- 2013 INDIES Finalist
- Finalist, Body, Mind & Spirit (Adult Nonfiction)
Discussion of abstract tai chi concepts helps develop a deeper understanding of the philosophy behind the practice.
Yang, Jwing-Ming has written more than thirty-five books on martial arts, the latest an informative overview of the history and movements of tai chi in a second revised edition of Tai Chi Qigong: The Internal Foundation of Tai Chi Chuan.
Having opened fifty-five schools in eighteen countries, Yang has a long history of practicing and teaching tai chi that dates back to 1961. His interest in and knowledge of the subject is evident in the early chapters, which detail the history and philosophy of the concepts.
Chapter 1 establishes how the tai chi movements emerged and why they are applied. A review of qigong (the study of the energy of the universe) includes a discussion of medical qigong used for healing purposes, religious qigong for enlightenment, and martial qigong used for fighting, as well as the theories behind how martial qigong is used to increase muscle power and efficiency. Chapter 2 explains the concepts of yin (the negative) and (the positive), the root of Taijiquan, and how the two forces need to be in balance.
The goal of the book is to learn the concepts somewhat independently, guided by the author, but these early chapters include complex concepts that are difficult to grasp. Yang, Jwing-Ming acknowledges this when describing how to apply yin and yang concepts to qigong, saying, “Many people, even some qigong practitioners, are still confused by this.”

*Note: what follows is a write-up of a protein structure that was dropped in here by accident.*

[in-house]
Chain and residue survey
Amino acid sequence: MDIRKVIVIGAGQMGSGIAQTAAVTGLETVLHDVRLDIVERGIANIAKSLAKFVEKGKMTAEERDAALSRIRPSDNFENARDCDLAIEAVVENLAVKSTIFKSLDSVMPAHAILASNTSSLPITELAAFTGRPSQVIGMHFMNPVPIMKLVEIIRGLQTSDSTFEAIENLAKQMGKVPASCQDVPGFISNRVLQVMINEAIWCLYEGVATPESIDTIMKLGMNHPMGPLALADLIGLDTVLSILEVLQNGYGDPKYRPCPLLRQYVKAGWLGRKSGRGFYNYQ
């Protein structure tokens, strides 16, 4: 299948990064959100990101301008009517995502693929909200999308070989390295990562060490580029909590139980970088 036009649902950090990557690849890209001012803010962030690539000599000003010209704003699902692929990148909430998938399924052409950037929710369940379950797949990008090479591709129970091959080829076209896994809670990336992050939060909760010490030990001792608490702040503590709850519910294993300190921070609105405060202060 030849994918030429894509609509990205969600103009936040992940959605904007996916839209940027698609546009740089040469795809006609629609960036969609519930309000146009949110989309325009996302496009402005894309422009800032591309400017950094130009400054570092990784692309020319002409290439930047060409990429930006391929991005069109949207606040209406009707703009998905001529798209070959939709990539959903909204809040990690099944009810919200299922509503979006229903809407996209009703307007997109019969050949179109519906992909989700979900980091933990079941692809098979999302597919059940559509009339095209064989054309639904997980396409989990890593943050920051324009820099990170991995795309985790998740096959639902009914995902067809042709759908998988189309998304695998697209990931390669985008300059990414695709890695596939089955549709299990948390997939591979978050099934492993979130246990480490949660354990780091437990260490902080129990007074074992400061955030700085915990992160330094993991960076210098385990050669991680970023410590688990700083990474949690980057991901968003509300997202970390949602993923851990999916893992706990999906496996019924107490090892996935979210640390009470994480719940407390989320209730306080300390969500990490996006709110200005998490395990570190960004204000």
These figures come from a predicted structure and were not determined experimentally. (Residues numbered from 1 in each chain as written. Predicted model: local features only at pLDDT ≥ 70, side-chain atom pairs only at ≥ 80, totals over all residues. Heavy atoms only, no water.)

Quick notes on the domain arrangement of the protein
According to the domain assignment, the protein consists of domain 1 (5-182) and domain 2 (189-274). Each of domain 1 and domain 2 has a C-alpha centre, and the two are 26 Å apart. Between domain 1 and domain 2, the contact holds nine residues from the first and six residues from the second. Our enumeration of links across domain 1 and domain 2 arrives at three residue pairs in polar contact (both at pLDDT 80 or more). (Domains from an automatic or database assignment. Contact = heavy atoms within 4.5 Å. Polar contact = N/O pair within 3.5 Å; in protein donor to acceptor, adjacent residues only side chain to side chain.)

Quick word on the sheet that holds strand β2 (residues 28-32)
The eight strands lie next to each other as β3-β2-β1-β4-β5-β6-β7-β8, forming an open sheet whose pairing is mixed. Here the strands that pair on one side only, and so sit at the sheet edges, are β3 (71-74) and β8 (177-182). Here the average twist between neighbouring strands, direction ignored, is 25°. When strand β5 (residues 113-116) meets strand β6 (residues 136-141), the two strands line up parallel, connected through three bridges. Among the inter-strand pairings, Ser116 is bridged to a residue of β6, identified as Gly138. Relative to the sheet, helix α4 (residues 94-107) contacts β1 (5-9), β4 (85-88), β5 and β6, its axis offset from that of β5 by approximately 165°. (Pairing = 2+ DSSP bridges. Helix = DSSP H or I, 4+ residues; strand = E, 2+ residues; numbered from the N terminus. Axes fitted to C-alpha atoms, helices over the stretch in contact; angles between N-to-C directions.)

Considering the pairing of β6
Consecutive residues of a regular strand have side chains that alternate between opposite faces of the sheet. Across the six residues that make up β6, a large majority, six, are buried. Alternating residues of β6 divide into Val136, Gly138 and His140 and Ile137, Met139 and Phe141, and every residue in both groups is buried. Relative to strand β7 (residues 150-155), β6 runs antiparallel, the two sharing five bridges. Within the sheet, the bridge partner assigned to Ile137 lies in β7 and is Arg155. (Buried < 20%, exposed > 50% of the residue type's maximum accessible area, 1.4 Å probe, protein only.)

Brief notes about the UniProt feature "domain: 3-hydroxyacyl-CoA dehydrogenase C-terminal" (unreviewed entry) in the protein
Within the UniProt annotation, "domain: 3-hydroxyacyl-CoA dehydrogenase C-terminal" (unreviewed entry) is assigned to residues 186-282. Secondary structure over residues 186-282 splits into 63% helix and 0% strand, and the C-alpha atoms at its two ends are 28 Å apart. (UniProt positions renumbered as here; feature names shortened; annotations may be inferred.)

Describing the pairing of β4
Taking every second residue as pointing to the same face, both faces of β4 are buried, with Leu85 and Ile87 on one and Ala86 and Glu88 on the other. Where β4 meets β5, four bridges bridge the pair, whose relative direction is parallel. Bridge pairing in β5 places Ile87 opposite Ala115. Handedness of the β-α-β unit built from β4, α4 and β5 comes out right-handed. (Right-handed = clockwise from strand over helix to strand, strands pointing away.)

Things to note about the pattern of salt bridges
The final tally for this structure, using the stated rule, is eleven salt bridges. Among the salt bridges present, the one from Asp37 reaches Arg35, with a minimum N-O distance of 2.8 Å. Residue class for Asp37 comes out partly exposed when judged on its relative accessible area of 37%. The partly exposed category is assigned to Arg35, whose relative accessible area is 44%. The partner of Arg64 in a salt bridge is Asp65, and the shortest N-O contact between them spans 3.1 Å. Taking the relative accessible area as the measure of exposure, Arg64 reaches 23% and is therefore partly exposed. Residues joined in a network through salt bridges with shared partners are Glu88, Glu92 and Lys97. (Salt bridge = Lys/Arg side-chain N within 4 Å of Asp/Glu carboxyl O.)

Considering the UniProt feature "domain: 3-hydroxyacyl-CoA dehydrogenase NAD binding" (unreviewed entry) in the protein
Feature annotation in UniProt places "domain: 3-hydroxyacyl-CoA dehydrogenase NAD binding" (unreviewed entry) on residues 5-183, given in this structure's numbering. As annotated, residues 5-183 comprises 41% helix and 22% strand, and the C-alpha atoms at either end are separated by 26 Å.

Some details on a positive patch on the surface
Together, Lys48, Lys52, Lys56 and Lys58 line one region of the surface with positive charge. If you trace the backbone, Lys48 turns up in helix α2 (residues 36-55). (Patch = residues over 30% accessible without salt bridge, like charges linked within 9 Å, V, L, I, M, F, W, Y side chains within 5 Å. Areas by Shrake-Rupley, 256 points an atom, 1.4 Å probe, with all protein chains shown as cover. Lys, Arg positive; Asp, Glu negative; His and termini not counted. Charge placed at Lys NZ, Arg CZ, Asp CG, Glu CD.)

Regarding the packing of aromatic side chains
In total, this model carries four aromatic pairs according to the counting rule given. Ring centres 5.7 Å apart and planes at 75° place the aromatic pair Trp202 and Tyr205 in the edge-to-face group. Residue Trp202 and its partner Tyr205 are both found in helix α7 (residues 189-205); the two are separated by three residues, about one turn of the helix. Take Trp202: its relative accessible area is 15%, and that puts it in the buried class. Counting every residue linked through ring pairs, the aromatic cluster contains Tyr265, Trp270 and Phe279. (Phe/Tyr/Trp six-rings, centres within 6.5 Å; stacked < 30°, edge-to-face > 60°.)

The limitations of the book format add to the challenges, but Yang, Jwing-Ming does his best to work within its constraints. He presents well-written, clear, and concise descriptions of the history of tai chi and the movements involved in the practice. In the descriptions, Chinese terms are used, such as qi (universal energy), jiagi gate (referring to a cavity in the spine), and lower dan tian (areas of the body that store qi). Definitions of these and many other terms are also included in the glossary at the end of the book, but they are abstract concepts and remain obscure when applied to specific techniques.
In Chapter 3, many photographs serve as examples to help illustrate the movements. However, this chapter is the most difficult to follow, primarily because the book format is not the ideal mode for explaining tai chi concepts, especially for beginners. Tai chi is dependent on a smooth, constant, fluid movement from one position to another, and still photographs are unable to fully convey this flow of movement. The photographs include solid-lined arrows and dotted-lined arrows that loop in various directions, tracing the movement, but the explanations remain unclear. It is difficult to accurately interpret the movements through the book alone, though a companion DVD is available.
This instructive book will appeal to those who want to develop a deeper understanding of the philosophy behind tai chi movements, as well as those who already have a working knowledge of tai chi and can decipher the tai chi movements depicted in the still photographs.
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